Transparency of Group Home Records
In response to the Chicago Tribune’s investigation late last year into health and safety violations at group homes that provide services to adults with disabilities in Illinois, I filed HB 3515, which would allow Illinois citizens greater access to group home performance records. The Chicago Tribune uncovered more than 1,300 instances of abuse and neglect in a study of taxpayer-funded group homes from 2013-2016, and 42 of those cases involved client deaths. They uncovered an alarming trend that showed the facilities that were the worst offenders were shielded from public scrutiny due to exemption provisions in the Freedom of Information Act. As long as we can preserve a sense of privacy of individual clients who experienced abuse, the public should be able to access information about which institutions are failing to provide the level of safety and care our state’s most vulnerable citizens deserve.

Constitutional Rights on College Campuses
In light of the riots, violence, and “speech codes” shutting down peaceful demonstrations and lectures on college campuses across the country, my HB 2939 would solidify Free Speech protections for college students. The bill would create the Campus Free Speech Act and provide a framework that would be used for the creation of a policy on free expression by every institution of higher learning in the state. Our public institutions of higher learning have historically embraced a commitment to free speech, but in recent years we have seen colleges and universities abdicate their responsibility to uphold free-speech principles. This initiative will put Illinois in the forefront of ensuring robust, respectful speech on college campuses. College is a time of self-discovery and learning for students, and our institutions of higher education should be striving to ensure the fullest degree of intellectual freedom and free expression.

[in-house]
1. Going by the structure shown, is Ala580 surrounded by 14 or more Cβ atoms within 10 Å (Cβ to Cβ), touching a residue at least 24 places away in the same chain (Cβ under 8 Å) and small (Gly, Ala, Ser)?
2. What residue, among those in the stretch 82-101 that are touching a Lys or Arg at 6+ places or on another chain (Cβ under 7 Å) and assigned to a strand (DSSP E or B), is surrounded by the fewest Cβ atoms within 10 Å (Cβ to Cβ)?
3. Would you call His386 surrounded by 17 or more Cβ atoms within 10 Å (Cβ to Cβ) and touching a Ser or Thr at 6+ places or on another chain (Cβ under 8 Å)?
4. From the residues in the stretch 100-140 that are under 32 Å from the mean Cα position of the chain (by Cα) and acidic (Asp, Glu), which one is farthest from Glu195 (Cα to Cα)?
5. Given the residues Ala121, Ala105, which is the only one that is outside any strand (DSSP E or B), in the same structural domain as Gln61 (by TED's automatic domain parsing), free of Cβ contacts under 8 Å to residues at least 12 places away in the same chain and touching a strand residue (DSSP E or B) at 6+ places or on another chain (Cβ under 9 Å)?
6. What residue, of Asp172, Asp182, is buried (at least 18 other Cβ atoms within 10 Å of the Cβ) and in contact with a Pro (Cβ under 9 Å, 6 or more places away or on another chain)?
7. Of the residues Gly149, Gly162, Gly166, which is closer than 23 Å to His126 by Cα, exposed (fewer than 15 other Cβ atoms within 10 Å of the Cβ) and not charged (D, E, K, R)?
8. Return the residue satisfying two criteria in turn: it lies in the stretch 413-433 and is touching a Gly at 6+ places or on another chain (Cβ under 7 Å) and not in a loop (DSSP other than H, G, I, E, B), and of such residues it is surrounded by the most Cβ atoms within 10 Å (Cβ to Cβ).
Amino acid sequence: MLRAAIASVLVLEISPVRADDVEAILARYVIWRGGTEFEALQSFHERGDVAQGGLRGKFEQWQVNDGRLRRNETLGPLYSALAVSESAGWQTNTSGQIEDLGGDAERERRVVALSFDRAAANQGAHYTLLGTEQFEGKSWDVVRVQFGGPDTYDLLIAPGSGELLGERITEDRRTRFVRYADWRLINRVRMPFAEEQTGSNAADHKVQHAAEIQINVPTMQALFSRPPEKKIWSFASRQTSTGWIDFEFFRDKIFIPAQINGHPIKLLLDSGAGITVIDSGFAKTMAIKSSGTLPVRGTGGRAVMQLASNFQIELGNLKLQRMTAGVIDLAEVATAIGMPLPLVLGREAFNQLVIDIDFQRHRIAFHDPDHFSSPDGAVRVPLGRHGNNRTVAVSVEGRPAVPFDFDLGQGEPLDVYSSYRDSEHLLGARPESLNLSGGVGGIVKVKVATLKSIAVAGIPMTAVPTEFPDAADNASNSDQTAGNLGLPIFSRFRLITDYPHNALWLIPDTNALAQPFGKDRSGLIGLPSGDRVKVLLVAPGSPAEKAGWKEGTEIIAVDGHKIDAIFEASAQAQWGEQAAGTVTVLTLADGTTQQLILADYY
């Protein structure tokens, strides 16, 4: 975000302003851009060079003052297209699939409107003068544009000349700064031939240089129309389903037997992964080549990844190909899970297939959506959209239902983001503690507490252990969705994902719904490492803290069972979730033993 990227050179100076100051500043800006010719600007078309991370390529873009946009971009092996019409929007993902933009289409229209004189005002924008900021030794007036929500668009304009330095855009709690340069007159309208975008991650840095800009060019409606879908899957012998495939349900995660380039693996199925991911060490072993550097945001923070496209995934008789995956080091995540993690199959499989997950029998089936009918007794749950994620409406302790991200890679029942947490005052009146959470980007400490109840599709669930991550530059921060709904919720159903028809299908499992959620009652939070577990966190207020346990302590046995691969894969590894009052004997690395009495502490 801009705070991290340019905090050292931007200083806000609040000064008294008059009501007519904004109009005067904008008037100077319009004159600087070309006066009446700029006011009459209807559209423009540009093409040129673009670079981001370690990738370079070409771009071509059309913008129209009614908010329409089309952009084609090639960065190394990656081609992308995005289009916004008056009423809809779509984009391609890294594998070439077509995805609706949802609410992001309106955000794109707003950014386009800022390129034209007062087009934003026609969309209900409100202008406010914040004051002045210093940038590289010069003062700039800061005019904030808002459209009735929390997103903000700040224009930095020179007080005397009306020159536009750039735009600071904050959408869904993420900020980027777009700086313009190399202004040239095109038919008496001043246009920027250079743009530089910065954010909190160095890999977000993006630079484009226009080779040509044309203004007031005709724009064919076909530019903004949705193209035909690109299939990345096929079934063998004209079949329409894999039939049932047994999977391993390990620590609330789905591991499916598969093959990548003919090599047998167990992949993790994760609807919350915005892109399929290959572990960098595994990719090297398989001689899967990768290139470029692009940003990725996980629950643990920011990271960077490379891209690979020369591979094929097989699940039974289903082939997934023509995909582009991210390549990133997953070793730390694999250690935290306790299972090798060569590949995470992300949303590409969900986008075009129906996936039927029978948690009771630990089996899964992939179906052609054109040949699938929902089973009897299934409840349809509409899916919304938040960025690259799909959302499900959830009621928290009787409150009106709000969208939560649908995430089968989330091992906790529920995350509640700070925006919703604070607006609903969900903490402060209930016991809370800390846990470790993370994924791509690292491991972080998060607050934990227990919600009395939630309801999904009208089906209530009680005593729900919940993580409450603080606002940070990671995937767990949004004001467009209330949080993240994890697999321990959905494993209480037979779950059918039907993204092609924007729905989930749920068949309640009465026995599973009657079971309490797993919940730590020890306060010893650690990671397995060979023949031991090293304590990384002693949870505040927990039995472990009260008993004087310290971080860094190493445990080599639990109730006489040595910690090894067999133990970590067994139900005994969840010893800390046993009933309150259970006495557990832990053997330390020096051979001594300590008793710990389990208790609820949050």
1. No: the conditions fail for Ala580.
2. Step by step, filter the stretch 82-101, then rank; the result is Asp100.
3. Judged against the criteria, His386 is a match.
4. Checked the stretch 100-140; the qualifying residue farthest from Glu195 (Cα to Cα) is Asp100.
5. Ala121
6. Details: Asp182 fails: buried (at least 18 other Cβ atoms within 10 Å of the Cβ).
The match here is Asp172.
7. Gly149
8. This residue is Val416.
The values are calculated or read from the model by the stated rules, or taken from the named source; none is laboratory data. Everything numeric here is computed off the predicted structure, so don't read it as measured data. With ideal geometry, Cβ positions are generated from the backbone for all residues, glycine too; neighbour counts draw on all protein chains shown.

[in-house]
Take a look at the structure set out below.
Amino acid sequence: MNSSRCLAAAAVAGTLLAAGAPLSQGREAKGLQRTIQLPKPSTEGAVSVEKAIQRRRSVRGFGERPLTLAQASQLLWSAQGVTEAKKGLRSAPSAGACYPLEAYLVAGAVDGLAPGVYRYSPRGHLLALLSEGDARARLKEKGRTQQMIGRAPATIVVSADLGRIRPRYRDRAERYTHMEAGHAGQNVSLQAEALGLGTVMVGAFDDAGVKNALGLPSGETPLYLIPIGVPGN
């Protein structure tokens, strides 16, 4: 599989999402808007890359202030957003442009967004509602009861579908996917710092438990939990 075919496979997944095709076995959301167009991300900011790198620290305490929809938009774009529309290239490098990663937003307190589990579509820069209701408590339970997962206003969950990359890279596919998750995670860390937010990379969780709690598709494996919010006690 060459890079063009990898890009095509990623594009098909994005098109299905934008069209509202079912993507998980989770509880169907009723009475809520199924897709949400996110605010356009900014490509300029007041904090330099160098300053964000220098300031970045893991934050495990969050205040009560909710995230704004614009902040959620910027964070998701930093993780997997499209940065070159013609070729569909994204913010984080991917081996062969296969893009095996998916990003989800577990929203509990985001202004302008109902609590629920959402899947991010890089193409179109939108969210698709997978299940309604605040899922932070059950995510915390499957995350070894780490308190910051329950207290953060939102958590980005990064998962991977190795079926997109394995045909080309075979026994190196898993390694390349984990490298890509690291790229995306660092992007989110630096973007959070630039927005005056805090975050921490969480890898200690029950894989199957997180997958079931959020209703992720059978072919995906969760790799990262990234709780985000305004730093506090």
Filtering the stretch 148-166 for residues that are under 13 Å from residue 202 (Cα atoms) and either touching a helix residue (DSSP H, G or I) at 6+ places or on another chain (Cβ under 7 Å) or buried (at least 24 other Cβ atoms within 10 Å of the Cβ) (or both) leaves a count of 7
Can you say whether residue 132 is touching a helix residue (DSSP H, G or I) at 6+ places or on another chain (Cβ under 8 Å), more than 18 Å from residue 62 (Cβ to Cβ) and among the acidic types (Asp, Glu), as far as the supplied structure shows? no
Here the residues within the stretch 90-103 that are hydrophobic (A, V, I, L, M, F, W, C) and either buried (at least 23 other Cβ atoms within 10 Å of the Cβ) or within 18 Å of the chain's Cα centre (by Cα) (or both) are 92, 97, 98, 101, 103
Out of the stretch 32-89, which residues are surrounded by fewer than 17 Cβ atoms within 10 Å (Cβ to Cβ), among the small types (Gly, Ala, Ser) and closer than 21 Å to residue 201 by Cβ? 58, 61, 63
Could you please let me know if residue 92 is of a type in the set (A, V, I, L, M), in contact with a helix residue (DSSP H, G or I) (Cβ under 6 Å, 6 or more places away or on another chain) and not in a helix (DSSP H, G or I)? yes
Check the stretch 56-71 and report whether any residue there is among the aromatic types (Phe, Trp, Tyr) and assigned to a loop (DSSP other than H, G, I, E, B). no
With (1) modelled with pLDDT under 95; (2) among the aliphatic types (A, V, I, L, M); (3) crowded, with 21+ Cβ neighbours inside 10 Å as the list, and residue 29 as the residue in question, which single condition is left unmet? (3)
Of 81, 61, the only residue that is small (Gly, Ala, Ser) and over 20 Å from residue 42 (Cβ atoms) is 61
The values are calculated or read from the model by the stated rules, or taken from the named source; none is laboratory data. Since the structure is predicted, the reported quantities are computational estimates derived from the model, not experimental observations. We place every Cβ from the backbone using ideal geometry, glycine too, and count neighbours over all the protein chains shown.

Breen to Serve on Several Key House Committees during 100th General Assembly
The first step for the legislation filed by State Representatives is a thorough hearing before a substantive House Committee. In addition to my assignment to the bipartisan and bicameral Joint Commission on Administrative Rules (JCAR), I will be serving on the following House Committees for the next two years:
  • Energy
  • Financial Institutions
  • Judiciary-Civil
  • Labor and Commerce
  • Public Utilities
  • Restorative Justice
  • Workers Compensation Subcommittee